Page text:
I recently came back from one of the best trips ever. And I absolutely miss it. It all started over a year ago, when my friends Christy & Mantik got engaged. They were having a wedding in the US, but also in Hong Kong since their family still lives there. The DC family (That's what we call our circe of friends here in DC) decided we wanted to attend and be there for such a special moment. We also decided to make a fun Asia trip out of it. Some decided to go to Korea or China first, but we all met up in Hong Kong and then eventually made our way to Vietnam as well.
In Hong Kong, we were blessed to have Christy's parent take so much care of us. They are some of the nicest people I've ever met. They housed us, fed us, and we were all fat and happy. No seriously, we ate so much food while we were there! Christy & Mantik also did an amazing job being our tour guides. The things that I'll remember most about Hong Kong is the fun city life, riding the subway everywhere, seeing all the markets & shops, and of course the food! And of course, the best memories were being with friends as we were a part of a magical day for Christy & Mantik!
The last time I was in Vietnam was 11 years ago. It was my first time there and also the first time I got to meet my Dad's side of the family. Originally I was suppose to be there for a month, but I think I was only there for 2 weeks. My dad's side of the family lives in the country side, a couple of hours south of Saigon. No matter how much insect reppellent I put on, I absolutely got owned by mosquitos. I told my dad that if I counted 100 mosquito bites, I had to leave. And unfortunately... I counted 100. Which was interesting because no one else got bit except me. I joked that it was due to my hamburger meat. Thanks, McDonalds!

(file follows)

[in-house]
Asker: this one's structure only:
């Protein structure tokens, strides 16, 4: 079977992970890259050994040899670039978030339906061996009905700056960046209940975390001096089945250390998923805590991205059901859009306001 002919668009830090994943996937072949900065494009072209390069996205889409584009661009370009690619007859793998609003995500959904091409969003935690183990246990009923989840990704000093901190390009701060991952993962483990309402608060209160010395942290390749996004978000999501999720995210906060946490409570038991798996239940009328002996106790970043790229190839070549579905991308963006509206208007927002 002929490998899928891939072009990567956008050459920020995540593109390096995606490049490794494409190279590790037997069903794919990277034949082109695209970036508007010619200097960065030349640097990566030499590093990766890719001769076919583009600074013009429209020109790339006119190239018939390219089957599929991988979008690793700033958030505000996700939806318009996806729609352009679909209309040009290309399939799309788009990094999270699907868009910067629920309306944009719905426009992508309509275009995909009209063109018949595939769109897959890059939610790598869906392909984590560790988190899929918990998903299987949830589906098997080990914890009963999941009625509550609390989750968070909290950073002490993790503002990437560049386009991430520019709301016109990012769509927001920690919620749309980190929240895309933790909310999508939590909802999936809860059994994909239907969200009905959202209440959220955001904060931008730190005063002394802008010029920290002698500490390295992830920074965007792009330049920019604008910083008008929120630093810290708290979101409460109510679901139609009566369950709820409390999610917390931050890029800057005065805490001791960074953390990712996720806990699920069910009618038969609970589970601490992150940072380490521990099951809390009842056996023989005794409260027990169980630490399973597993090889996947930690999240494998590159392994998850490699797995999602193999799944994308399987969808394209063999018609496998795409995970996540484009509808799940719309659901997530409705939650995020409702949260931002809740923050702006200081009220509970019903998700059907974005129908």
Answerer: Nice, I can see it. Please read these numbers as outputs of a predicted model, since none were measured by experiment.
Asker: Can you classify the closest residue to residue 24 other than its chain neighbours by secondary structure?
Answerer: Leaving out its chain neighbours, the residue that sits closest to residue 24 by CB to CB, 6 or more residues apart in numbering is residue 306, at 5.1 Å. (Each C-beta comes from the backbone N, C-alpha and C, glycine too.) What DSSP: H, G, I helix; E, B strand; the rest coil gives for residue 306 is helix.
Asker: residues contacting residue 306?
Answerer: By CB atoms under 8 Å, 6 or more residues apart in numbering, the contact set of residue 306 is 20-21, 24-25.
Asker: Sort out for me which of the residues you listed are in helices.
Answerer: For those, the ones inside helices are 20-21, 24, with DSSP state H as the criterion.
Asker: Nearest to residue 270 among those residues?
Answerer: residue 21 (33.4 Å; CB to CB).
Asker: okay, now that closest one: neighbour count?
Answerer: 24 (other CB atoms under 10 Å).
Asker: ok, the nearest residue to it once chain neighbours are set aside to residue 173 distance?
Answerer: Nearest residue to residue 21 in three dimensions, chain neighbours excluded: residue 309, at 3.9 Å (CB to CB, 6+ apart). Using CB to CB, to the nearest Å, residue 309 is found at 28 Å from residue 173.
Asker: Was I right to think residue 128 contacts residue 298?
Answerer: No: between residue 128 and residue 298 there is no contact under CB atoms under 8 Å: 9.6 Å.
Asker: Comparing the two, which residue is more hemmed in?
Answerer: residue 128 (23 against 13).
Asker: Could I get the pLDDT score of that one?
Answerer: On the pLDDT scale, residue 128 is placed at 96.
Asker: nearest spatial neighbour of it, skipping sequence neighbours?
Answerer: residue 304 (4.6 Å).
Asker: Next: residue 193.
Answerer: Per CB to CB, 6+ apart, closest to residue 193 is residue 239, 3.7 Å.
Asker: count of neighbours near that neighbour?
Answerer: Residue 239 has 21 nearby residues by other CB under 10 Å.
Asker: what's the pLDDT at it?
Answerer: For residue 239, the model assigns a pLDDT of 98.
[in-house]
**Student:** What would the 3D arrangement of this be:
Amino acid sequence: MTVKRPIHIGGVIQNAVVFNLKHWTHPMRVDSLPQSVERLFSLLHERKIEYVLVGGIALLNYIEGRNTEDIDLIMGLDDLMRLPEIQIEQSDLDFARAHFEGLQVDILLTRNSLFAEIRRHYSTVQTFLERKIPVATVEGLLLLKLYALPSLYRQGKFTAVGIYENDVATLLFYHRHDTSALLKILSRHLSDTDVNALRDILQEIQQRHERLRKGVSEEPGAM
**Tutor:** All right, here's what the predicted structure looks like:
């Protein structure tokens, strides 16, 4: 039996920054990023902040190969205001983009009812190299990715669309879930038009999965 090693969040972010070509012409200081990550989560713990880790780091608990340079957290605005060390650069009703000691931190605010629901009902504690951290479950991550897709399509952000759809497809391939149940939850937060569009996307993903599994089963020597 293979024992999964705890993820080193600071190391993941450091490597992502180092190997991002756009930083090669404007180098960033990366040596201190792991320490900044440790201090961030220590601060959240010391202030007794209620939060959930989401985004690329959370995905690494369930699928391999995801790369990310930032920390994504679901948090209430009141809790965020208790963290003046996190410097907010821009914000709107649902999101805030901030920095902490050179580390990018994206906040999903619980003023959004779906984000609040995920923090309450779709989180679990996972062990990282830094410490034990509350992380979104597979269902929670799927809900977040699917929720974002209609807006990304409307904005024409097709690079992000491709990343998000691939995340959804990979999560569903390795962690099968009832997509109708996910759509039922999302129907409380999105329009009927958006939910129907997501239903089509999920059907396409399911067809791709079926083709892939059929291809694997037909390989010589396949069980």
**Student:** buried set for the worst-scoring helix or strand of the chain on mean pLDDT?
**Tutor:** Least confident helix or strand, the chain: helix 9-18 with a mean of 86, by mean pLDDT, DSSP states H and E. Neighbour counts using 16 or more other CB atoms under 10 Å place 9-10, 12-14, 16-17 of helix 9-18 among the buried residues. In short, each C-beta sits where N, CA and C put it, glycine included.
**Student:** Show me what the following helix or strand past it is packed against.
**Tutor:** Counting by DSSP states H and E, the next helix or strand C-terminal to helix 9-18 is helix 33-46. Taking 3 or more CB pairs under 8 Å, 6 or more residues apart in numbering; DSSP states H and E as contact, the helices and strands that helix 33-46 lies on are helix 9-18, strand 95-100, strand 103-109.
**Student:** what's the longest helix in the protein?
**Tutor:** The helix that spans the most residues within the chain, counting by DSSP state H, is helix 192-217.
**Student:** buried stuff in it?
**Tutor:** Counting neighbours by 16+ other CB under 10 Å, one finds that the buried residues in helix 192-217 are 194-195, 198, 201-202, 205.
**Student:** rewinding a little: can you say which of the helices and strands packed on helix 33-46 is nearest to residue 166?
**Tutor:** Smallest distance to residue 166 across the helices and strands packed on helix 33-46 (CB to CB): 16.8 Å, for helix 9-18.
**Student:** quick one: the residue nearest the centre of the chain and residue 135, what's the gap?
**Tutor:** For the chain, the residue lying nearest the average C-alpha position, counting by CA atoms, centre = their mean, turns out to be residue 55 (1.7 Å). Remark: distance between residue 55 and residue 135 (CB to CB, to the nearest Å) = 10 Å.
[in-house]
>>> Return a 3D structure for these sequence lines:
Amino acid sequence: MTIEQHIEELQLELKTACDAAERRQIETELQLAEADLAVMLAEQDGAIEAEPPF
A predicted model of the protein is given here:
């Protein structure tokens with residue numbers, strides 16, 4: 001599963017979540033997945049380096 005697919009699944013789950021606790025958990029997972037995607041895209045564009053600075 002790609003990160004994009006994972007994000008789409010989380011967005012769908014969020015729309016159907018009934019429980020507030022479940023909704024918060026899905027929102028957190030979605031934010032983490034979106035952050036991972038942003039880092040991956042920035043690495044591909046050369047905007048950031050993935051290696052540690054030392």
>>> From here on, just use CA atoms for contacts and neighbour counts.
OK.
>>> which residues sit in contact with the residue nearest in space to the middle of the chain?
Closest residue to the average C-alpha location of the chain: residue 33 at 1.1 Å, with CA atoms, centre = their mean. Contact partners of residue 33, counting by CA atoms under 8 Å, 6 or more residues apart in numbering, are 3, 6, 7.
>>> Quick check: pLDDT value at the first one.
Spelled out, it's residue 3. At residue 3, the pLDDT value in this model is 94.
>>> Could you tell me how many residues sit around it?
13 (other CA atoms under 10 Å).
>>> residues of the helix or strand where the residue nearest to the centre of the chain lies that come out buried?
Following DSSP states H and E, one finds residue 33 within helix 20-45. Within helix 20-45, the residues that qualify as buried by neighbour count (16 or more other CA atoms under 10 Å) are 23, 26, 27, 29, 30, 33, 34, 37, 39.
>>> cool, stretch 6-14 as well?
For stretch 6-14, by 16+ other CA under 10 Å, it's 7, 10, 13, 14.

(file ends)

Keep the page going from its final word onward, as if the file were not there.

So much has changed since I've been there. But one thing that hasn't changed, is the connection I felt when I was there. Growing up, you hear stories of people being so poor, not having jobs, how hard and difficult it is to live in Vietnam. Which most of it is true. And after hearing this all the time, you get this picture in your head that everyone must be just miserable in Vietnam.
However, on my first trip to Vietnam, there was a zen moment for me. I just visited my cousins in Saigon and was with them at their box company. It's this small little thing in District 1, right by the Nha Tho Du Ba (Saigon's Notre Dame). Customers will come to them looking for boxes, and if they need a custom one, they'll make it to the customer's specifications. At the end of the work day, we all sat out on the sidewalk right in front of the store on a beautiful night in Saigon. We ate food, drank some beers, laughed, talked, and I just remember looking at all of my family members and seeing the smiles on their faces. And then it hit me.
It doesn't matter where you are, even if you are poor, don't have the best opportunities, etc, you can be happy as long as you are surrounded by wonderful people. That whole picture I had in my head growing up was completely shattered. And I felt so in touch with not just my family, but with all of humanity. No matter what background a person has, you can connect with them on a deeper, yet simple level.
At the end of the night, I crawled upstairs through a small ladder above the box company to where my family lived and slept for the night. I remember before heading to bed, I was just smiling as I fell asleep to the sounds of Saigon.
This time around, when I finally got to visit again, I climbed up those same steps of that ladder with my buddy Dan. Reading about it, hearing about it, is no where near the experience you get when you finally reach the top and see this small little room that has a wide open window looking down on the streets of Saigon. I wanted Dan to experience it too, and I hope he did. For me, I felt that connection again, and it's something I'll always cherish.
As I got to spend more time with my family and friends during that trip, that zen moment kept replaying in my mind. I hope that one day others too, will experience that same feeling.